Study: Pesticides Harm Bees

A researcher challenges the UK government’s 
conclusion that neonicotinoids aren’t that bad for pollinators.

By Kerry Grens | March 27, 2015

A redo on the data analysis of a study by the 
UK’s Food and Environment Research Agency (FERA) 
that concluded 
pesticides do not harm bees has found the 
opposite. The original study was used to form the 
UK government’s controversial position on the use of the chemicals.

“I would argue they didn’t correctly interpret 
their own results,” the University of Sussex’s 
Dave Goulson, who conducted the reanalysis, told 

field study (which was never peer reviewed) found 
that bumblebees were unaffected by exposure to 
certain pesticides. But when Goulson applied a 
different model predicting the bees’ exposure, he 
found the number of queens produced and the 
weight of colonies correlated with exposure.

“Despite the conclusions that were originally 
drawn by FERA, their data appear to provide the 
first clear evidence that colonies of free-flying 
bumblebees exposed to neonicotinoids used as part 
of normal farming practice suffer significant 
impacts in terms of reduced colony growth and 
queen production,” Goulson wrote in his report, 
published in <>PeerJ this week (March 24).

The European Commission has 
neonicotinoid use based on other studies that identified risks to bees.

FERA told Nature: “Whilst there was an absence of 
evidence to support the hypothesis that 
neonicotinoids harm bees, this does not lead to 
the conclusion that they are benign.”

“What this shows is how data can be used to 
support different positions,” Trevor Mansfield, 
head of policy at the Soil Association, told 
Weekly. “That’s why we think it is vital that 
Defra [the UK Department for Environment, Food, 
and Rural Affairs] commits to publishing the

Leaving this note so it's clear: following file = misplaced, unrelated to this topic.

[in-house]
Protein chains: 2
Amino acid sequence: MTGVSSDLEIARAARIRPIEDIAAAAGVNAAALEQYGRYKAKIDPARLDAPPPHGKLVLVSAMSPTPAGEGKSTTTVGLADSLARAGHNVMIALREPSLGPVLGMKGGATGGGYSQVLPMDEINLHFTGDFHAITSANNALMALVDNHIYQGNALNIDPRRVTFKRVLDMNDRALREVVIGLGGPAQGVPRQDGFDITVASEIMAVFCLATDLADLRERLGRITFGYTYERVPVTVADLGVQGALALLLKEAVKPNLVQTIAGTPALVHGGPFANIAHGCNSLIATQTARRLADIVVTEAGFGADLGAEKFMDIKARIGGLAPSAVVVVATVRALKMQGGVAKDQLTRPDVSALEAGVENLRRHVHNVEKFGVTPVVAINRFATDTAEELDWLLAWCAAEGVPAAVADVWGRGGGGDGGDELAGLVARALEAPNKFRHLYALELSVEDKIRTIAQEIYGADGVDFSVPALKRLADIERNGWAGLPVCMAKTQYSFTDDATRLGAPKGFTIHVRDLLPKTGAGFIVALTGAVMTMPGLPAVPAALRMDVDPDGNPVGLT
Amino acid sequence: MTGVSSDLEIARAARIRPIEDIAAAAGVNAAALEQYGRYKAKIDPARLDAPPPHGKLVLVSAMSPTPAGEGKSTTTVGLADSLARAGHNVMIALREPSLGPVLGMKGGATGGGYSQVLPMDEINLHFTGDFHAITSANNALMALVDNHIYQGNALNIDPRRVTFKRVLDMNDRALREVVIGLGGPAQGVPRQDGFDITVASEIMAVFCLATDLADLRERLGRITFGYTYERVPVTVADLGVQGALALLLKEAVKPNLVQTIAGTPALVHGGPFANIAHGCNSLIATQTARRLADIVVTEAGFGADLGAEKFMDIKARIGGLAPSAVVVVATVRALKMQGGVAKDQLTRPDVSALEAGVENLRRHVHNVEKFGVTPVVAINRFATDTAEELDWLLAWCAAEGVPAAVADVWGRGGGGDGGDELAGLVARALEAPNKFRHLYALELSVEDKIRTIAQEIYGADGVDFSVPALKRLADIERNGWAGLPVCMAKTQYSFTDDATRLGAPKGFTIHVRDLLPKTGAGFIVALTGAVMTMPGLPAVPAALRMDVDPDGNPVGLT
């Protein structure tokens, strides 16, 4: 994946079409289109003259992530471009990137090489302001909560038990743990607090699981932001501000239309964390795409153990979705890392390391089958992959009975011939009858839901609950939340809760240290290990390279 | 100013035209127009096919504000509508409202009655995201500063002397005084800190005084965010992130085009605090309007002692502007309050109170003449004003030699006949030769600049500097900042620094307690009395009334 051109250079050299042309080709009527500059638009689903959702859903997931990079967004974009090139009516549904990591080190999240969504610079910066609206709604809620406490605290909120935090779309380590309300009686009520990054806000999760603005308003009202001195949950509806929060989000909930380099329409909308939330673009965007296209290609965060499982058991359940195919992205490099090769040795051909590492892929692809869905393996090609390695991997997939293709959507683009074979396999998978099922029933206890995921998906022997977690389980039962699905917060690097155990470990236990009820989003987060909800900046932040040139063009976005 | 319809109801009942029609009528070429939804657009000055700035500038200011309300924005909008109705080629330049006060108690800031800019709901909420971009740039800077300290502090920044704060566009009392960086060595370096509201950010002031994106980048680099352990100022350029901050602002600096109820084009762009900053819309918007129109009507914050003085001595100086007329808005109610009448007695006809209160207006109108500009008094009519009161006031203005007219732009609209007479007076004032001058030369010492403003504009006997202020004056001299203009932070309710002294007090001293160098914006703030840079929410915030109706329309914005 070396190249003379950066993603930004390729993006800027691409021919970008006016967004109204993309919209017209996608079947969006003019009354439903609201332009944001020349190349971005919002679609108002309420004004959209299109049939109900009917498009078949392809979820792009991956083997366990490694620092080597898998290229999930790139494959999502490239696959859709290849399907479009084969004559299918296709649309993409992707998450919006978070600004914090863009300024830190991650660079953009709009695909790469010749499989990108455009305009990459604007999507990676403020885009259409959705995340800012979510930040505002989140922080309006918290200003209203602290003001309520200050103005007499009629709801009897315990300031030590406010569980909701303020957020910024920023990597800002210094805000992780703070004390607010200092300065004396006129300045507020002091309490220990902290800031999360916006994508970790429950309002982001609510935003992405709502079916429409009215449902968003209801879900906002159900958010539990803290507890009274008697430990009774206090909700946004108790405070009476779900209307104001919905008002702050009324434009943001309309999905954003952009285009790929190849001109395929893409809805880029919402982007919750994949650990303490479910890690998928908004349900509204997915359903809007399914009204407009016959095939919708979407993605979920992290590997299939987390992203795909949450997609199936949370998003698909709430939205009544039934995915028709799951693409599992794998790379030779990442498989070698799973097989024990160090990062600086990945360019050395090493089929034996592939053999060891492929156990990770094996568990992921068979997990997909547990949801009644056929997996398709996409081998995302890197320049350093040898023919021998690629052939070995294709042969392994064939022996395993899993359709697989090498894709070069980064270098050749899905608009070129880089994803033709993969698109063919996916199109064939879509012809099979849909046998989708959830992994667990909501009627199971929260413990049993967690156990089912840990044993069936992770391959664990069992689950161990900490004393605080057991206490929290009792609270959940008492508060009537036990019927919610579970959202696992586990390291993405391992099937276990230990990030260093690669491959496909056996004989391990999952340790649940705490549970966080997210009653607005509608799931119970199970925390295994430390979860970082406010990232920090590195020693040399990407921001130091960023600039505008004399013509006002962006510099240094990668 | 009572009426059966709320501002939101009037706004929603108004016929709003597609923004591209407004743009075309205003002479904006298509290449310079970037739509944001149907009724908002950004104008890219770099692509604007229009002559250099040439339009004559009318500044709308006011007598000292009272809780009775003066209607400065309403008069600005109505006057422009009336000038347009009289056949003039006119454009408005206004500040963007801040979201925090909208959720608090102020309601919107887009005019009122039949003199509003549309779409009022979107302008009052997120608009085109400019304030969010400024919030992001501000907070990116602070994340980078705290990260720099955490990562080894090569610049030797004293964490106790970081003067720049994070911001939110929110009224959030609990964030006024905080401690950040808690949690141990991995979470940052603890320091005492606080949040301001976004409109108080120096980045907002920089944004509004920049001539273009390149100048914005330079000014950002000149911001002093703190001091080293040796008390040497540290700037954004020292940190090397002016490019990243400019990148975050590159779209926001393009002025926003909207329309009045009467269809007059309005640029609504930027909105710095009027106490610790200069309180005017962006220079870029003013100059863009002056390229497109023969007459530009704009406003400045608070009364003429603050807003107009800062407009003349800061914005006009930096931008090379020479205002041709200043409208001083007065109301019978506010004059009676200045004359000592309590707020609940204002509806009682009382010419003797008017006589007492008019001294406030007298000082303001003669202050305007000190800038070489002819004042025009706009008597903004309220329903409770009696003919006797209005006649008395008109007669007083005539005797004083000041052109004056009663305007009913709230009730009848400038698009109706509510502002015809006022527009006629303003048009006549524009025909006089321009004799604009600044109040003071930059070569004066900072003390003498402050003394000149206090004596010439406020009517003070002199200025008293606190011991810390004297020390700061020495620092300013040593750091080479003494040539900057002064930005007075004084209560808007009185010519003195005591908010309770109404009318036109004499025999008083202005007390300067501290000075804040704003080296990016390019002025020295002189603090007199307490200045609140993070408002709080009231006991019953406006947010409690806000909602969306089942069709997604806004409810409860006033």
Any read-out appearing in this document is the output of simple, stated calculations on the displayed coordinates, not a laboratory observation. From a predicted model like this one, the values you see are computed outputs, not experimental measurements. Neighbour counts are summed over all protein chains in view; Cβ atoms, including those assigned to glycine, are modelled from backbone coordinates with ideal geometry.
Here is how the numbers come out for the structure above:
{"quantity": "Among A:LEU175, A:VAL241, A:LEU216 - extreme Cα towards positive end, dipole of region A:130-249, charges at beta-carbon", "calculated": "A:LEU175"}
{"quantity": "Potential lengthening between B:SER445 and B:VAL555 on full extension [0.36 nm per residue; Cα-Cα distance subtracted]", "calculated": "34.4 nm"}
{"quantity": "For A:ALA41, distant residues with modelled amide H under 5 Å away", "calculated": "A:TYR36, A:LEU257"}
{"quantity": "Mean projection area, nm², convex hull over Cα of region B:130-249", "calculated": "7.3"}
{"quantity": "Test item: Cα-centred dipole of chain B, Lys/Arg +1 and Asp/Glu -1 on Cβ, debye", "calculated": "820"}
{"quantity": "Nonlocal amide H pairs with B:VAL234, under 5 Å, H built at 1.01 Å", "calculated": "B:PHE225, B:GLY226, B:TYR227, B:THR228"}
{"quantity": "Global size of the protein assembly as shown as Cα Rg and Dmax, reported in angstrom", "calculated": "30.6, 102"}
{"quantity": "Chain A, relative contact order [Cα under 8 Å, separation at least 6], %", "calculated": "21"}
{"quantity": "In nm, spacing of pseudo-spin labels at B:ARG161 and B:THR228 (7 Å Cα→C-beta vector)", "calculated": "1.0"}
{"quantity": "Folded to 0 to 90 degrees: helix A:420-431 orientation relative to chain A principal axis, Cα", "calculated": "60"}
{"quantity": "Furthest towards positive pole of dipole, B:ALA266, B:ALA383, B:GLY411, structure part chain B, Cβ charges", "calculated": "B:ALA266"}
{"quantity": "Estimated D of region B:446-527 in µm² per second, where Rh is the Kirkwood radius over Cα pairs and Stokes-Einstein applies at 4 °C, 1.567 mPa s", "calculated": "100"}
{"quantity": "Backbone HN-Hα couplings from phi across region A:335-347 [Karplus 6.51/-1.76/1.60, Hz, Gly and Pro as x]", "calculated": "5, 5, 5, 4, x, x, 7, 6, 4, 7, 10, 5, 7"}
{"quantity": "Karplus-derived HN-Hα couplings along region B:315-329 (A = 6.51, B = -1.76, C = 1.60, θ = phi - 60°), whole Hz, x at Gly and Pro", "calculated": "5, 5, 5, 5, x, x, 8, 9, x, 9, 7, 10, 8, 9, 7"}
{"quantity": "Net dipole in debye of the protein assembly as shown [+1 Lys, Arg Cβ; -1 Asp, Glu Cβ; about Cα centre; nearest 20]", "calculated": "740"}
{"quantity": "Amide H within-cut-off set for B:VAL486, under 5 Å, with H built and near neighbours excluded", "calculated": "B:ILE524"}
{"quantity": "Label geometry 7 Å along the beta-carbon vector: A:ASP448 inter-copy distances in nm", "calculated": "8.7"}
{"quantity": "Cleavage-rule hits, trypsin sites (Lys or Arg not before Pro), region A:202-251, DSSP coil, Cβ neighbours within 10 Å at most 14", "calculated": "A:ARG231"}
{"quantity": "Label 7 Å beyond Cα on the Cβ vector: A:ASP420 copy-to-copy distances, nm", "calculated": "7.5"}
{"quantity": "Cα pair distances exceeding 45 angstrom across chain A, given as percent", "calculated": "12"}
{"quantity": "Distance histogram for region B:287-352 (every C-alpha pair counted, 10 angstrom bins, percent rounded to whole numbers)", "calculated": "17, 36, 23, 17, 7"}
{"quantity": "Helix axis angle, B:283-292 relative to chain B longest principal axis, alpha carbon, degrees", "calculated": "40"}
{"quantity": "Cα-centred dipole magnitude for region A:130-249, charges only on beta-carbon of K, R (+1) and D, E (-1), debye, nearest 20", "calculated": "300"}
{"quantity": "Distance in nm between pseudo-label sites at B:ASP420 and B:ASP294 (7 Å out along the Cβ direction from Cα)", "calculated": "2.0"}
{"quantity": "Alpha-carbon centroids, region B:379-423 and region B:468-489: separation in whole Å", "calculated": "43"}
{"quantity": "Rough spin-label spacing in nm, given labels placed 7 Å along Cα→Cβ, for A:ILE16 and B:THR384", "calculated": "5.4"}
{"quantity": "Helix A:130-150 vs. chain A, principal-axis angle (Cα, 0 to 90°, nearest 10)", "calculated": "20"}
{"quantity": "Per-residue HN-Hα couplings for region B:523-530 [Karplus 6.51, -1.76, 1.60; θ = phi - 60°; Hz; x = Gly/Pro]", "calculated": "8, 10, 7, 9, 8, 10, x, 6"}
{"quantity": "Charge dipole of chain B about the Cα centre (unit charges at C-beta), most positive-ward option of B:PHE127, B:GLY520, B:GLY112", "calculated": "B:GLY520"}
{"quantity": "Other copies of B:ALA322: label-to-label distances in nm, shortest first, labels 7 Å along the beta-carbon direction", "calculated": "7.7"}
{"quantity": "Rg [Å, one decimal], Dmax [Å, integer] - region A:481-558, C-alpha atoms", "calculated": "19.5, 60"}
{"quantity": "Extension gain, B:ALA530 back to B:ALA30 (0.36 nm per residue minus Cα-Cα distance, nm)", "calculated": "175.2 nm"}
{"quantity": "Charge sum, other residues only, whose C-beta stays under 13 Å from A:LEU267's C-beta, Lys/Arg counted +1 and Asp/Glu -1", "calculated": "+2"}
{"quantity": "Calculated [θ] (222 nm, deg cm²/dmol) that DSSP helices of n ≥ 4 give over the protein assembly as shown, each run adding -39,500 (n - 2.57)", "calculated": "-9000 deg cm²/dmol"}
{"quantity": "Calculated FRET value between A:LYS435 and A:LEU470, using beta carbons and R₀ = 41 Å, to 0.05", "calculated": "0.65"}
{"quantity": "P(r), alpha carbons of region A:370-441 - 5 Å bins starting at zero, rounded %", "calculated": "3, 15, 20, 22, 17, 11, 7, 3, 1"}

results­in full­of the research it has funded on 
neonicotinoids and to not making any long-term 
decisions on their future in the UK until 
academics and wider society have had a good 
opportunity to review that data and draw their own conclusions.”

Mitchel Cohen's book, 
Is Direct Action? Lessons from (and to) Occupy 
Wall Street (foreword by Richard Wolff) (596 pages). Get it now!
Click to find new editions of Mitchel's poetry 
Cat Takes Flight and 
Permanent Carnival .

Check out the latest at 
    * <>MONSANTO'S 
ROUNDUP  Found to be a likely Carcinogen
    * <>FREE 
LINA KHATTAB! 18-year-old student imprisoned and beaten, in Israel
    * <>A 
    * <>DRONES 
& TARGETTED KILLINGS including interviews with Marjorie Cohn & Jeanne Mirer
Listen to 
by Mitchel Cohen: 
Permanent Carnival, and 
Memoriam: For Fallen 

    * <>IS 
Biological Determinism, by Mitchel Cohen

Ring the bells that still can ring,  Forget your perfect offering.
There is a crack, a crack in everything, That's how the light gets in.
~ Leonard Cohen

Realize that little things lead to bigger things 
... And there s a wonderful parable in the New 
Testament: The sower scatters seeds. Some seeds 
fall in the pathway and get stamped on, and they 
don t grow. Some fall on the rocks, and they don 
t grow. But some seeds fall on fallow ground, and 
they grow and multiply a thousandfold. Who knows 
where some good little thing that you ve done may 
bring results years later that you never dreamed of.
~ Pete Seeger